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Annual health summit attracts public, private executives


The annual Healthcare Summit was held last week at Mississippi College.  Sponsored by Mississippi College and the Mississippi Business Group on Health, the focus revolves around “The Business of Healthcare”.

As we all know, the cost of providing health-care coverage for employees is one of the fastest growing costs of doing business, in Mississippi and all other states.  A key topic of this year’s event revolved around the promotion of wellness, and how companies of all sizes can get involved in developing wellness programs for employees.

At a panel discussion, Billy Sims, President of the Business Group on Health and a Vice President at Southern Farm Bureau, discussed some of the key steps businesses need to make to create an effective wellness program.

These include: defining a plan using evidence based strategies; dedicating some staff to managing the day to day wellness program; creating a healthy workplace and culture; and benchmarking with the HERO health management scorecard.

The panelists, who also included Ed Hagar, manager of compensation & benefits at Ingalls Shipbuilding, and Lorie Larsen, senior benefits manager at Levi Strauss, agreed that wellness “isn’t just for large companies”.

“You can start small and work your way up to a full and effective program,” said Lorie.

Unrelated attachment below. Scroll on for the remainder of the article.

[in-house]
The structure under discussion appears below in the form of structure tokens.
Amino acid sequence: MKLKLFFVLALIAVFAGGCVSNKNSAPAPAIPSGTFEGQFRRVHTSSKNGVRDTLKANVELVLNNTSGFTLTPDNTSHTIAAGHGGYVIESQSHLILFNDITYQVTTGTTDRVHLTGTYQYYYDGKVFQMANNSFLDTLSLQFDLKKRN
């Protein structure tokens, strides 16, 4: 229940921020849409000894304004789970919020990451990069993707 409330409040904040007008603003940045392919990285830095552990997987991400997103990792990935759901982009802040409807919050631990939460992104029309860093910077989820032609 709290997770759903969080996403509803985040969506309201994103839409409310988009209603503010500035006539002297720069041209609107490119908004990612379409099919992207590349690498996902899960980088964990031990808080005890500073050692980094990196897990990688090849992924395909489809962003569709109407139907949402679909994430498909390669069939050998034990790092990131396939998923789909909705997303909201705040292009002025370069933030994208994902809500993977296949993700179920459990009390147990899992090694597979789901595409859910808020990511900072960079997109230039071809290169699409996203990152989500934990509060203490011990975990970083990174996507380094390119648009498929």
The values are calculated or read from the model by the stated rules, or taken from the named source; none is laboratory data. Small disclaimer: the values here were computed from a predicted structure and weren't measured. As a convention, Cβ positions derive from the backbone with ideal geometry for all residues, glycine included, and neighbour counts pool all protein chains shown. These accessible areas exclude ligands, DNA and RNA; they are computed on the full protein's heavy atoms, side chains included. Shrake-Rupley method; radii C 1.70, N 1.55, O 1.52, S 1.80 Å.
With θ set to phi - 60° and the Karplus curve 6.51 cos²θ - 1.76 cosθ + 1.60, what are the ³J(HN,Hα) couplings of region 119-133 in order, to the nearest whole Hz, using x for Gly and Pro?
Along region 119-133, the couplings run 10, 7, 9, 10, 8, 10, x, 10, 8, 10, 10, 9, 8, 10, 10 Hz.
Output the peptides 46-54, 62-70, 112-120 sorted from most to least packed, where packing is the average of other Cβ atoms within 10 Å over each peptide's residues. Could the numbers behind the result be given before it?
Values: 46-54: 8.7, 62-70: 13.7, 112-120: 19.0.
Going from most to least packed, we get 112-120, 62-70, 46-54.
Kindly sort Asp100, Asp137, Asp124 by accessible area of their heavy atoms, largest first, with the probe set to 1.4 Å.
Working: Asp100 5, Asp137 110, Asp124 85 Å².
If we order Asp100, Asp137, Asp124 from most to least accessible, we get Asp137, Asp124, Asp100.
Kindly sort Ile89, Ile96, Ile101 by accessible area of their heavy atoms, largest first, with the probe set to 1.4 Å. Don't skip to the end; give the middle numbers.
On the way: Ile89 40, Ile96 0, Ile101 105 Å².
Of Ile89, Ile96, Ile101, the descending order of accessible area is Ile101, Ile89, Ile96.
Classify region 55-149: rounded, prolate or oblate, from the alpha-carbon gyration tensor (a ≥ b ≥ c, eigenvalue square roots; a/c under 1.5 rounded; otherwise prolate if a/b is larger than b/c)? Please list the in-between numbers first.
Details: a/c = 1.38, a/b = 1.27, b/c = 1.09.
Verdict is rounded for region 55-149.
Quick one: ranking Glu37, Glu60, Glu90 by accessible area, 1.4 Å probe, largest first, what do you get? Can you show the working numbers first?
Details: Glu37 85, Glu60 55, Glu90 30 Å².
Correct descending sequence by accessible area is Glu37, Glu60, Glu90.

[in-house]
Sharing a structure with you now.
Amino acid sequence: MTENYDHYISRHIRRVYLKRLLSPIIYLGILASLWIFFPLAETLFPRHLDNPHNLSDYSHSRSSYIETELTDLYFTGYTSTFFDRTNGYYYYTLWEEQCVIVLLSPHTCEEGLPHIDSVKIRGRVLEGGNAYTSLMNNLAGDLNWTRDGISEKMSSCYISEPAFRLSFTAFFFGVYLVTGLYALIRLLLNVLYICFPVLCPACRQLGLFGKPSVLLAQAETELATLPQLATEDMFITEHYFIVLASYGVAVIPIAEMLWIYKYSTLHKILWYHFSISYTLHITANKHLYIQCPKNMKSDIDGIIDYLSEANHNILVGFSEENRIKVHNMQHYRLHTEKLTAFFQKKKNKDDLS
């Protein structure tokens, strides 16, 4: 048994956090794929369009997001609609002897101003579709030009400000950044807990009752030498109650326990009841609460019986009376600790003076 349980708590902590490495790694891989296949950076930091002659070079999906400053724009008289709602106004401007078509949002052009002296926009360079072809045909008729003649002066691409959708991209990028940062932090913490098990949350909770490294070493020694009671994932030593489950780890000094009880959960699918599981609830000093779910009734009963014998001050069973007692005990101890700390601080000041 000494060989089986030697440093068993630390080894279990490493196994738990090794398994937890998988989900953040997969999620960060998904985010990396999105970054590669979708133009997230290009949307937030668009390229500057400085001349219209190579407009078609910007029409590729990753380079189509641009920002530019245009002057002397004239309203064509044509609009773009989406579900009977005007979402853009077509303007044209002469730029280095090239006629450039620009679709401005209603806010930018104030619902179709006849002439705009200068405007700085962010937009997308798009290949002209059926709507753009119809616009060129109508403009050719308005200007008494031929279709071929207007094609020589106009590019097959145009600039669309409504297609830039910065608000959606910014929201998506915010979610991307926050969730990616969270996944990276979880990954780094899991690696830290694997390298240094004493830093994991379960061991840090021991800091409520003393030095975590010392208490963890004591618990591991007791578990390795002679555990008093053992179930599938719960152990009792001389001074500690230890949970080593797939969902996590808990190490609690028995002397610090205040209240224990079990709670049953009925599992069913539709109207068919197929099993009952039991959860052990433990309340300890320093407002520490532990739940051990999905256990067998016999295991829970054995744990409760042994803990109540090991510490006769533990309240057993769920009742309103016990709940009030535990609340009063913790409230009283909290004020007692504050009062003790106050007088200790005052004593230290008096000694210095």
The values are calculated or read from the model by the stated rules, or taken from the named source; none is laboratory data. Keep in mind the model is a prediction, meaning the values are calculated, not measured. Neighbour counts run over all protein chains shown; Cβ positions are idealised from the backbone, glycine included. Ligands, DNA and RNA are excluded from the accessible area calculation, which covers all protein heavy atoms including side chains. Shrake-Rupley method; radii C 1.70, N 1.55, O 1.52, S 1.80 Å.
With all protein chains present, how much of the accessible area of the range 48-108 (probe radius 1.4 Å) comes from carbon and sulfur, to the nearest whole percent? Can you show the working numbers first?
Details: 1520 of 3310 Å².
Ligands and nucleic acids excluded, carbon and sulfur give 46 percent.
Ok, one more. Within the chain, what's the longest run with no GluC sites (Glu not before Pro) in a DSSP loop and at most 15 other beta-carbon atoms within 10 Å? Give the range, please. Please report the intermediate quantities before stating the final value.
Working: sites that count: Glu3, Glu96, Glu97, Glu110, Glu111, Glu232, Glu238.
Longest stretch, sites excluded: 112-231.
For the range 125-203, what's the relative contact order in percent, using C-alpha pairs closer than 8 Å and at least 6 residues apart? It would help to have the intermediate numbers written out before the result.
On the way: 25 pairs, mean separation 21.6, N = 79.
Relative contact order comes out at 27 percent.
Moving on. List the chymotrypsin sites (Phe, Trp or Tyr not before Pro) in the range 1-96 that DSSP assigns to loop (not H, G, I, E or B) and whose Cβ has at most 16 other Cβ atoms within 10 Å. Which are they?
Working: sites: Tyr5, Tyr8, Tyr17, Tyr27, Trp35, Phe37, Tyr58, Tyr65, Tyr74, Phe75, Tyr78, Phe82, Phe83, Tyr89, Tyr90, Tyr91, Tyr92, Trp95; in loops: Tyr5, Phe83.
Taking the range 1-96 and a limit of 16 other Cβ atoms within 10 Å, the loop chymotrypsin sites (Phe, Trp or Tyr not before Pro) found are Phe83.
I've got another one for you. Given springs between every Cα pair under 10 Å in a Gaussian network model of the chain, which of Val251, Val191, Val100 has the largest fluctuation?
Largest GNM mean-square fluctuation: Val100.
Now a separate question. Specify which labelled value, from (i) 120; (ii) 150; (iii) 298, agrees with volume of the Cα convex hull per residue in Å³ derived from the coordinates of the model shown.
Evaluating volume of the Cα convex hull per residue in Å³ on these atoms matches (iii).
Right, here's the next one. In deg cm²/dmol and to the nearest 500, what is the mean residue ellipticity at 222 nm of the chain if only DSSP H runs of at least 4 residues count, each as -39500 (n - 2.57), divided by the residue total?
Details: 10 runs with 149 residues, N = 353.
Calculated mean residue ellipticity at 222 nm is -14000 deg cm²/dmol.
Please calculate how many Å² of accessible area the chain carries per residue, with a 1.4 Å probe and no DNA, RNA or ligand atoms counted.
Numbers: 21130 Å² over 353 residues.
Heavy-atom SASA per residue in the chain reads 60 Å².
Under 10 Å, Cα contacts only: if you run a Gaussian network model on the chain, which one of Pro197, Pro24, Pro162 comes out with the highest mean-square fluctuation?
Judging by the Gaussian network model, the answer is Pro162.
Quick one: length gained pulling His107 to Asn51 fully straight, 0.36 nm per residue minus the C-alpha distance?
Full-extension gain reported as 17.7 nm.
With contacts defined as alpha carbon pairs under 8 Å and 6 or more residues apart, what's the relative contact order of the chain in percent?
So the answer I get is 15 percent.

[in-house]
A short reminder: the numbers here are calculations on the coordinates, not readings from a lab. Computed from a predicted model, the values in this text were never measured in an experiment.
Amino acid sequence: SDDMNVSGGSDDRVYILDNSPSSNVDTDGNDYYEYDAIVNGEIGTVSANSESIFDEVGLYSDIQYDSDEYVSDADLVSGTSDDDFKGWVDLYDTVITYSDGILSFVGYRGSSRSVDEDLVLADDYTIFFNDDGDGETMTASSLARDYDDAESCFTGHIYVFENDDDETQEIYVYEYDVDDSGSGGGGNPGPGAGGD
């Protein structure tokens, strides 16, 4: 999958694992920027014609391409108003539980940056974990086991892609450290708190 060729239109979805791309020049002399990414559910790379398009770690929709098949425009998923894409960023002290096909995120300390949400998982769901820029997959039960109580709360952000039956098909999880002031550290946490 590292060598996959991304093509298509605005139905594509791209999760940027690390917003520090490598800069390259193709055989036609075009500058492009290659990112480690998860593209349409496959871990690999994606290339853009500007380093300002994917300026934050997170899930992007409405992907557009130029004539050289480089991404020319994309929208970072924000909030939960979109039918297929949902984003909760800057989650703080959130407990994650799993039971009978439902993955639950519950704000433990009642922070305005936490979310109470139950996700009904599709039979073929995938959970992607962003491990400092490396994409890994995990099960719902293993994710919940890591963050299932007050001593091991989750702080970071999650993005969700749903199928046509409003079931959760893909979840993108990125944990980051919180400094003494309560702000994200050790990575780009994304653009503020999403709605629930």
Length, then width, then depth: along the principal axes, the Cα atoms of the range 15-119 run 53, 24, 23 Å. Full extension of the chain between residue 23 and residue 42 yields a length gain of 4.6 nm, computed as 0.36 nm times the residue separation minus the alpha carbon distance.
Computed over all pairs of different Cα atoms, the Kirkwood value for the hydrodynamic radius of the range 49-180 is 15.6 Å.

There was also discussion of the importance of “wellness champions,” that is, people at the staff level who are committed to the mission of wellness and work to inspire others at all levels.

Ed Hagar said that Ingalls has opened family medical centers at its locations in Mississippi and Virginia, and that’s going very well.  The focus at Ingalls, he related, has shifted from health insurance to health maintenance, disease prevention, and wellness.”

“And that’s paying dividends for us,” he said.

The keynote speaker for the event was Congressman Gregg Harper, who has become instrumental in Congress in telehealth issues, which the congressman said are going to be very important to the future of health care.

“In fact,” he said, “Mississippi has more or less become the ‘gold standard’ in how telehealth is done.”

Defining himself as a “strong supporter of technology solutions for health care needs,” he also suggested that “regulations are in some cases preventing things moving forward on a timely basis.”

He’s hopeful that hurdle can be overcome, because “we see an emerging shortage of physicians, and we’re really going to need a strong telehealth program in the coming years.”

He suggested that an aging population will be one of “our great challenges as a nation”, and there is a need to be sure that “the quality of life goes along with the quantity.”

“We’ve got to learn to work together to solve our problems,” he said.  “Even in a divided government such as we have, we can still do some things that will make a positive difference.”


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